After months of turbulence and a record night of speechifying in opposition by Republican leader Kevin McCarthy (R-CA), the House today approved the latest version of Democrats’ trillion-dollar social spending plan on a partisan 220-213 vote. Dubbed the Build Back Better plan, the legislation now advances to the Senate, where Punchbowl News describes its prospects ominously: “The Senate is going to spend weeks, maybe months, revising this legislation.” And while the bill’s title suggests it creates a coherent bridge between the pandemic and a better society, in reality it’s a grab bag of old and new proposals for massively expanded government benefits. It’s also an affront to anyone who thinks lawmakers should identify tax hikes sufficient to credibly cover the cost of new spending programs.
U.S. House Speaker Nancy Pelosi (D-CA) wields her gavel as the U.S. House of Representatives votes on President Joe Biden’s $1.75 trillion “Build Back Better Act” after hours-long overnight delay in the House Chamber of the U.S. Capitol in Washington, U.S., November 19, 2021. REUTERS/Al Drago
This week President Biden continued to assure us the bill is fully paid for. Yet the Congressional Budget Office score of the legislation released yesterday reveals this claim is false. CBO finds the legislation would add over $750 billion to the federal debt over the next five years — on top of the deficit spending in the new trillion-dollar infrastructure law the president similarly promised would be fully paid for. CBO projects the deficit spending would shrink to around $160 billion over 10 years as spending seems to slow while revenues kick in. But that only reveals the dirty little secret about this massive bill: It’s a mess of budget gimmicks.
A defining feature of this legislation is that it includes 10 years of tax hikes to cover the cost of often just a few initial years of new benefits — which supporters intend to provide forever but don’t have sufficient tax hikes to cover for longer. The nonpartisan Committee for a Responsible Federal Budget summarizes: “Because the legislation includes a number of temporary programs with arbitrary sunsets and expirations, ultimate costs could be much higher.” The most dramatic example is the one-year extension of the costly new monthly child benefit checks now paid to roughly 1 in 3 households in the US. That’s a benefit President Biden and other supporters have said they really want to make permanent, and this one subterfuge hides over $1 trillion in potential costs not included in the official CBO score. When all such gimmicks are considered, the Committee for a Responsible Federal Budget finds the legislation could cost well over $4 trillion in the next decade, or “double its gross costs.”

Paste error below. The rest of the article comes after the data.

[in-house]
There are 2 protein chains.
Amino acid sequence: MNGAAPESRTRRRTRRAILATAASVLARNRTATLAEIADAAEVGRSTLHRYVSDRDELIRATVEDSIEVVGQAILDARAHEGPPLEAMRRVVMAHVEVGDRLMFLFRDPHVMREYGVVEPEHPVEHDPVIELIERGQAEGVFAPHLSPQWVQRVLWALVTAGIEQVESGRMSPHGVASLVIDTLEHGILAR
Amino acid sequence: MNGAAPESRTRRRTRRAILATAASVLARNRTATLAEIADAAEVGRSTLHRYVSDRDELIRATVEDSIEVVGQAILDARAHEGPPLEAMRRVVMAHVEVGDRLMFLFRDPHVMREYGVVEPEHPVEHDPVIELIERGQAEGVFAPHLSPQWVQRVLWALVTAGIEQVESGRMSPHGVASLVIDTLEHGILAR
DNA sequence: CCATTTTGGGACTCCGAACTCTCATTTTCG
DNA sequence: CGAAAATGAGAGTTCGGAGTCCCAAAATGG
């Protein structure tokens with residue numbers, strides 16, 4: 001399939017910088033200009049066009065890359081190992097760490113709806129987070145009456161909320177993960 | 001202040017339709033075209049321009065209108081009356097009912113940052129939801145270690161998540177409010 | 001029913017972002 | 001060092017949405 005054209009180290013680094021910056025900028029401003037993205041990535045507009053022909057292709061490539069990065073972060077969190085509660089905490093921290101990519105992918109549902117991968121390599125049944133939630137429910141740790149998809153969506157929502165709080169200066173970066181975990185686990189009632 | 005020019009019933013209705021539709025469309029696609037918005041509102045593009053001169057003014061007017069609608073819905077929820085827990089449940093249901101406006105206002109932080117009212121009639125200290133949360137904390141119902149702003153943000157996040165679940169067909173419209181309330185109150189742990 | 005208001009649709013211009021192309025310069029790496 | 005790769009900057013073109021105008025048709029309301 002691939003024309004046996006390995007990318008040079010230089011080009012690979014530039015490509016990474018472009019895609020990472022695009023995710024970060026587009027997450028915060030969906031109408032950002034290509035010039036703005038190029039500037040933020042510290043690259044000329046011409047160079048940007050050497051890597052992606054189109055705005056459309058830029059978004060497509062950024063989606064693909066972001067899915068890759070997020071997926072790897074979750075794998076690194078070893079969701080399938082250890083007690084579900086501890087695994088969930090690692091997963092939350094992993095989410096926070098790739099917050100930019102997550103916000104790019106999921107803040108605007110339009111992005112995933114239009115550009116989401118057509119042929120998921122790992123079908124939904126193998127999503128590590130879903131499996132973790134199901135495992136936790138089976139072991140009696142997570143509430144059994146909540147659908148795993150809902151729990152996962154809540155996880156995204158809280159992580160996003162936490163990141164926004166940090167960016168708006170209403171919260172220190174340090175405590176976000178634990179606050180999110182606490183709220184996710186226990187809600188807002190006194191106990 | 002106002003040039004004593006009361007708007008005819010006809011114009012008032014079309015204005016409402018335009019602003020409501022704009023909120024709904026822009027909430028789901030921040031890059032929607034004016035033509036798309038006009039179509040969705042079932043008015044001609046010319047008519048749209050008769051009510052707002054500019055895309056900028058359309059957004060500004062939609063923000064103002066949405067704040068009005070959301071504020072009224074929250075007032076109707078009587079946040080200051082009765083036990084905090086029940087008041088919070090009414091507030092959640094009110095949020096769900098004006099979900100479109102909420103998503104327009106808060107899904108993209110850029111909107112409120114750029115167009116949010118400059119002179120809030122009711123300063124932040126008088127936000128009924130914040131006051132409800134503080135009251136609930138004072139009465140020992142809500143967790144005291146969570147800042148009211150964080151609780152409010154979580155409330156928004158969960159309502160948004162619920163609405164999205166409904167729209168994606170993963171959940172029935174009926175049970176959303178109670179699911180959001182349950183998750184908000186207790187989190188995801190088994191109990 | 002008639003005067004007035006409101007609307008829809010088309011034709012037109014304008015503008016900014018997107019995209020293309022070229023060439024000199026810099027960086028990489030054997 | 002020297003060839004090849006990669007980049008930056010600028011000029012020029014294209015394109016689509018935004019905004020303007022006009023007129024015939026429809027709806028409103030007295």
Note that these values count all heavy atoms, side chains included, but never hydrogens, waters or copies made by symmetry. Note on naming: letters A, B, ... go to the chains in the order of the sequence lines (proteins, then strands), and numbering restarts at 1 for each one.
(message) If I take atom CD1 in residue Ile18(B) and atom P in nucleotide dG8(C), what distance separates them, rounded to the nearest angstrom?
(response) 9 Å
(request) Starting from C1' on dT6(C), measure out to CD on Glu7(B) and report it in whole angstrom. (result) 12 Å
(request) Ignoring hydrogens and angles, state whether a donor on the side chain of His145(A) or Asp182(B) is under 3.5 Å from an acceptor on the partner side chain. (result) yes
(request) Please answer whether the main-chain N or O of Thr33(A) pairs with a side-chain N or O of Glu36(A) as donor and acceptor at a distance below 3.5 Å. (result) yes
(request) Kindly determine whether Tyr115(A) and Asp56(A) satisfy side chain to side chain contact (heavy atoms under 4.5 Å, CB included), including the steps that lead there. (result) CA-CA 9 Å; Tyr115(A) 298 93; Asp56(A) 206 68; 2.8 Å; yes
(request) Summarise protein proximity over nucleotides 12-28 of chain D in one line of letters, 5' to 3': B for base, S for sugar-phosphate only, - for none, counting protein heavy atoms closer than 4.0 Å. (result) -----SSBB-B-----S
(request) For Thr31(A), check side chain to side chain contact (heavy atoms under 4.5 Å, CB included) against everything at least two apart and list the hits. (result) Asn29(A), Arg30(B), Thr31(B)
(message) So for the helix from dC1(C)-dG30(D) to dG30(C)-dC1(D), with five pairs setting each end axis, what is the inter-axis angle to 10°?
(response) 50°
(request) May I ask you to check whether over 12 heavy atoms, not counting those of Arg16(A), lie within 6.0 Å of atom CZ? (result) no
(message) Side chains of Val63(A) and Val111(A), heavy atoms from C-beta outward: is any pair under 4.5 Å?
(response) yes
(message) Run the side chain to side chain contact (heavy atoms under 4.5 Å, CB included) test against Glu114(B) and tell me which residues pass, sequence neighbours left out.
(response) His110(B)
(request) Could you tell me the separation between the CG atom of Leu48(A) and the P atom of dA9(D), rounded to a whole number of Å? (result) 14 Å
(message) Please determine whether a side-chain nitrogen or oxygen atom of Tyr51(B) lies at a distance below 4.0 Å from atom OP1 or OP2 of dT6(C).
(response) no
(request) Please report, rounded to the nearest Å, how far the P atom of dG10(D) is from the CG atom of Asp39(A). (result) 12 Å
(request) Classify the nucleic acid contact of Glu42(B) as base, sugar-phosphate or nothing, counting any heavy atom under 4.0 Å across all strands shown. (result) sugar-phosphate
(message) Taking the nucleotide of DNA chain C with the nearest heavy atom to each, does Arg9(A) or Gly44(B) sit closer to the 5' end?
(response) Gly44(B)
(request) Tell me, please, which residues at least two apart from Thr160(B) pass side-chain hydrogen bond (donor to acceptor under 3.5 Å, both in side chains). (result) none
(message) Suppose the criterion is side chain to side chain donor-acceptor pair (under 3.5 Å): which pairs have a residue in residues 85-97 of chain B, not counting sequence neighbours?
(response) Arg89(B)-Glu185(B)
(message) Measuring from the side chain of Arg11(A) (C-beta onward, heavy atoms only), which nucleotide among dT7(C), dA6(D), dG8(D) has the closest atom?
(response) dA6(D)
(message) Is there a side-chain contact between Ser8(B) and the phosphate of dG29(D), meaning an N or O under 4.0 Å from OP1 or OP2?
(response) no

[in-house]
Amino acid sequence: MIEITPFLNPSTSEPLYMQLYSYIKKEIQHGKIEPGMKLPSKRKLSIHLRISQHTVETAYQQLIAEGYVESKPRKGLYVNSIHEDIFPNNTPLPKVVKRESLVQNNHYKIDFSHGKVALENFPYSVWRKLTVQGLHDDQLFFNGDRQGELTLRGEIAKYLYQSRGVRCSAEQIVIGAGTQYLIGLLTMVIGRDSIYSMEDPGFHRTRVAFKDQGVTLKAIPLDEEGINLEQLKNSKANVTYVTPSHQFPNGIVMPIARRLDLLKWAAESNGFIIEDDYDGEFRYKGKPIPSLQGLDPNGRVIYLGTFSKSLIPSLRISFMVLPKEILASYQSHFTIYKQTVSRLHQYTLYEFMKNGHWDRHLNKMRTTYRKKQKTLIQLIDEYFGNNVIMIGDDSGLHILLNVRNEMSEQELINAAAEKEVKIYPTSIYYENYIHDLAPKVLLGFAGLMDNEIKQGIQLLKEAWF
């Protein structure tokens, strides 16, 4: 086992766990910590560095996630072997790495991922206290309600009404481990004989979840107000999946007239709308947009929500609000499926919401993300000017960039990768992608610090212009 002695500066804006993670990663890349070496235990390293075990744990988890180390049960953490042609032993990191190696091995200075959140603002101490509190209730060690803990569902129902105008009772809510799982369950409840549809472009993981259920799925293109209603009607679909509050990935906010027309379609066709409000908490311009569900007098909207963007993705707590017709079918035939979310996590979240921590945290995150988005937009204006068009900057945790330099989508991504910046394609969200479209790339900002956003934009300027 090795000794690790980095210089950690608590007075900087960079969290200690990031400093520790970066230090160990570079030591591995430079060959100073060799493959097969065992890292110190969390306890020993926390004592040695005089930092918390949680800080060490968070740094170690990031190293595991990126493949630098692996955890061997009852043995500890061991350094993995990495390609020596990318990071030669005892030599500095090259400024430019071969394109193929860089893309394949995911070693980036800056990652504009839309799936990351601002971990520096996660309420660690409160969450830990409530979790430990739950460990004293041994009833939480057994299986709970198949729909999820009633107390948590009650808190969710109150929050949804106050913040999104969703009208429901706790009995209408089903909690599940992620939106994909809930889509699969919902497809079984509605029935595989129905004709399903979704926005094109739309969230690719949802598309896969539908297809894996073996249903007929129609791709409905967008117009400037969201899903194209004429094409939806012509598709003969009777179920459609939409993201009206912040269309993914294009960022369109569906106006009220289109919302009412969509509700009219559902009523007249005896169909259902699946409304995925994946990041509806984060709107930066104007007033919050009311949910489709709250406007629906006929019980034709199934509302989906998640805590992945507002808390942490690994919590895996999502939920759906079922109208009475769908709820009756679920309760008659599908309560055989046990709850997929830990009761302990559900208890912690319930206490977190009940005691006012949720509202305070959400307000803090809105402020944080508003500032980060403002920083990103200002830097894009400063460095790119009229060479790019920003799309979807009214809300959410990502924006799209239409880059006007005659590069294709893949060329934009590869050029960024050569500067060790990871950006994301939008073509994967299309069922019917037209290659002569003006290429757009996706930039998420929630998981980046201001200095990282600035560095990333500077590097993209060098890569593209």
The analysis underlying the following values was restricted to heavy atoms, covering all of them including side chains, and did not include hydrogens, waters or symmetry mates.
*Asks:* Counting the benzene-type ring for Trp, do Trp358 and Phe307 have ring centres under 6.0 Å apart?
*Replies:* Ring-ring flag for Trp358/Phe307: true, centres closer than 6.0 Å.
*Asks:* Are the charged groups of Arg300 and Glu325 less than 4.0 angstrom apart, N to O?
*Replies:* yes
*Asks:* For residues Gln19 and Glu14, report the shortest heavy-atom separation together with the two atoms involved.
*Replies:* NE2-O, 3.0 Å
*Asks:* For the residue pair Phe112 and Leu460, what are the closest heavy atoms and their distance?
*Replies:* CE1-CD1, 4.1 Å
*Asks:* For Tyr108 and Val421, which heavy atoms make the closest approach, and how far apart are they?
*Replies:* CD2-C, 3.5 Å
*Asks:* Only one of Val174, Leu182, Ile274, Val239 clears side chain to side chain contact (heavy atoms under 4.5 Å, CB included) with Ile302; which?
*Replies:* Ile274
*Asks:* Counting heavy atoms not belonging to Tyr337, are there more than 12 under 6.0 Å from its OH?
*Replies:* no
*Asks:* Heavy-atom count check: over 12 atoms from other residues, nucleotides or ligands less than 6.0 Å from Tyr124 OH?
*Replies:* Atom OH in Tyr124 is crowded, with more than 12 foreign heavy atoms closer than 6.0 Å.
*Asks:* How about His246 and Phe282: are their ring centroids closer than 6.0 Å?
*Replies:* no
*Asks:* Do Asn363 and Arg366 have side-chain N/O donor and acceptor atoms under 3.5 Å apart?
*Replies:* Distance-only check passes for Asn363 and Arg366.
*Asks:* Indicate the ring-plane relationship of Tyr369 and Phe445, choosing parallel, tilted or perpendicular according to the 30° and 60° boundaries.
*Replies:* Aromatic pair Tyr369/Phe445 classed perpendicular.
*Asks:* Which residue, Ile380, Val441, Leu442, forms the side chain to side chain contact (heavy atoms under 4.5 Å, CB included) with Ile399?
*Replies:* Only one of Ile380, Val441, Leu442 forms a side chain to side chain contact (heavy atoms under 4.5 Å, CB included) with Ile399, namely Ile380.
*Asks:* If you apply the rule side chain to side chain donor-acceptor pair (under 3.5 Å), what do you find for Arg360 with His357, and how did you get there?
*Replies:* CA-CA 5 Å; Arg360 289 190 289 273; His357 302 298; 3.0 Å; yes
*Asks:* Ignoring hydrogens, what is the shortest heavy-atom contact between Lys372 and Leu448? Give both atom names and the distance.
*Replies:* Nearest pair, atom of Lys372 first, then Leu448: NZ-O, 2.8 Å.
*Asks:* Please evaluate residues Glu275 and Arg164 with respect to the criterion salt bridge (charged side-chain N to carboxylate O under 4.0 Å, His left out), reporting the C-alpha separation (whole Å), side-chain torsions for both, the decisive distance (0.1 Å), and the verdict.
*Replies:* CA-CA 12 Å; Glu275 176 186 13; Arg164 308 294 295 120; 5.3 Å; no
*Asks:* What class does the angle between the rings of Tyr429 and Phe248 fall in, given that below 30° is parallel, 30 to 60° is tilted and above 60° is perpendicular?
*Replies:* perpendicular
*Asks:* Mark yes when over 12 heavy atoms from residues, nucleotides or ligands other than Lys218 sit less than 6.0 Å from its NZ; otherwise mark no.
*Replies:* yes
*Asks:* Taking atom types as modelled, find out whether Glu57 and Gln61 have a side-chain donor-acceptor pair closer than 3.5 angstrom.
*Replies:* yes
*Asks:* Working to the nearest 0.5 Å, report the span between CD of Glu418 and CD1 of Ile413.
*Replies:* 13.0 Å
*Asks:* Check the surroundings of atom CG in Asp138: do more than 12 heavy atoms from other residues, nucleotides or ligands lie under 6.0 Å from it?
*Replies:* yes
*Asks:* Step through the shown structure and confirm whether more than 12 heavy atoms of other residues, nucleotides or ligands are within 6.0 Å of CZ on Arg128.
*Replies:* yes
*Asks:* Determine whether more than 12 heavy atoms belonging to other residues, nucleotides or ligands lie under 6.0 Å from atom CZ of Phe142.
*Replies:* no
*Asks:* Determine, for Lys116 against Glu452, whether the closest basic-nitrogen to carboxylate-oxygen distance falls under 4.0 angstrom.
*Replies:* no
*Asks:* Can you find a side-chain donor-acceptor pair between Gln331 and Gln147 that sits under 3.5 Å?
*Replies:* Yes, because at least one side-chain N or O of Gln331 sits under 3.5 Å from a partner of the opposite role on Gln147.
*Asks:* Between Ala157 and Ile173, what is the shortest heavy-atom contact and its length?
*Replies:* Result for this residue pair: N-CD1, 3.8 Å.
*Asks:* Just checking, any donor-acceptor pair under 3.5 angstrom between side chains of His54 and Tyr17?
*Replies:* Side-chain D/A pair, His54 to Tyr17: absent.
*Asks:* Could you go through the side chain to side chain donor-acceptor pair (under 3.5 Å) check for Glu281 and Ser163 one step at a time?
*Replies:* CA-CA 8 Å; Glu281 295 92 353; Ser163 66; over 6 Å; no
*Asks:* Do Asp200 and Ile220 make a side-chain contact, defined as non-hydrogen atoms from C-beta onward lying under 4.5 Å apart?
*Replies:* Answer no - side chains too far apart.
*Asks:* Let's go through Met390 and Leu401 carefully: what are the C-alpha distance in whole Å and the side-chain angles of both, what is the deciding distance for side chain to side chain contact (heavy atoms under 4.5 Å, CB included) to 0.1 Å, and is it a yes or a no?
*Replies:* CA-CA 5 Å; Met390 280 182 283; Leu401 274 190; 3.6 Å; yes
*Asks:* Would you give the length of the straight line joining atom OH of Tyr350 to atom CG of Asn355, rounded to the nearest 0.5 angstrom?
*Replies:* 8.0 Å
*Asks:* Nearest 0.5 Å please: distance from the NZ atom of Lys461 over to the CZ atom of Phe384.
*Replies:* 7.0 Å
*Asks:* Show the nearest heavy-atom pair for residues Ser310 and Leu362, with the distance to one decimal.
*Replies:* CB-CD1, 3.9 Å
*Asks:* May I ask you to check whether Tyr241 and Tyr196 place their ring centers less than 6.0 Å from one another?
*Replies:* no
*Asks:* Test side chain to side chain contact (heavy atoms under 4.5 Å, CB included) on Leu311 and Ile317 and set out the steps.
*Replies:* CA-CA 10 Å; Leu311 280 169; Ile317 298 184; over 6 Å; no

The ugly process behind this legislation is similarly telling. To their credit, majority Democrats held committee markups on the prior supposed $3.5 trillion version of the legislation (which was never officially scored). For example, major provisions were marked up by the House Ways and Means Committee and approved on September 9, 2021. At that time, the committee created a major new entitlement program for paid leave estimated to cost about $500 billion over its first decade. That massive program was subsequently removed from the bill to shrink its overall cost — before being added back under the direction of a different federal agency. So much for committee deliberation and “regular order” in legislating.
The shrinkage of the legislation from its former supposed $3.5 trillion spending level is noteworthy in other ways, too. If offered as its own legislation, those proposed changes — an apparent shift of over $1 trillion — would constitute one of the largest bills in American history. Yet there have been no committee hearings or markups on those changes, all crafted behind closed doors by House leaders since standing committees acted in September. Instead, new temporary select committees created as megaphones for Rep. Alexandria Ocasio-Cortez (D-NY) and other liberal cheerleaders for this massive spending plan are currently the closest thing to public deliberation in the House.
Such venues are unlikely to spotlight one of the most immediate effects of this bill if it is enacted — the largest benefits cliff in US history next Christmas, when monthly checks now provided to some 65 million children and extended for another year under the bill would come to an abrupt end. If approved by the Senate, that cliff will be the first — but certainly not the last — concrete example of the budget gimmickry that defines this legislation. That is, it will mark the first time benefits expanded under this supposedly “transformational” legislation will simply end — all so supporters can try and argue the bill is “fully paid for.” CBO’s score shows it is not, and if it is enacted, supporters’ predictable calls for another extension of those checks late next year will only spotlight that inconvenient truth.
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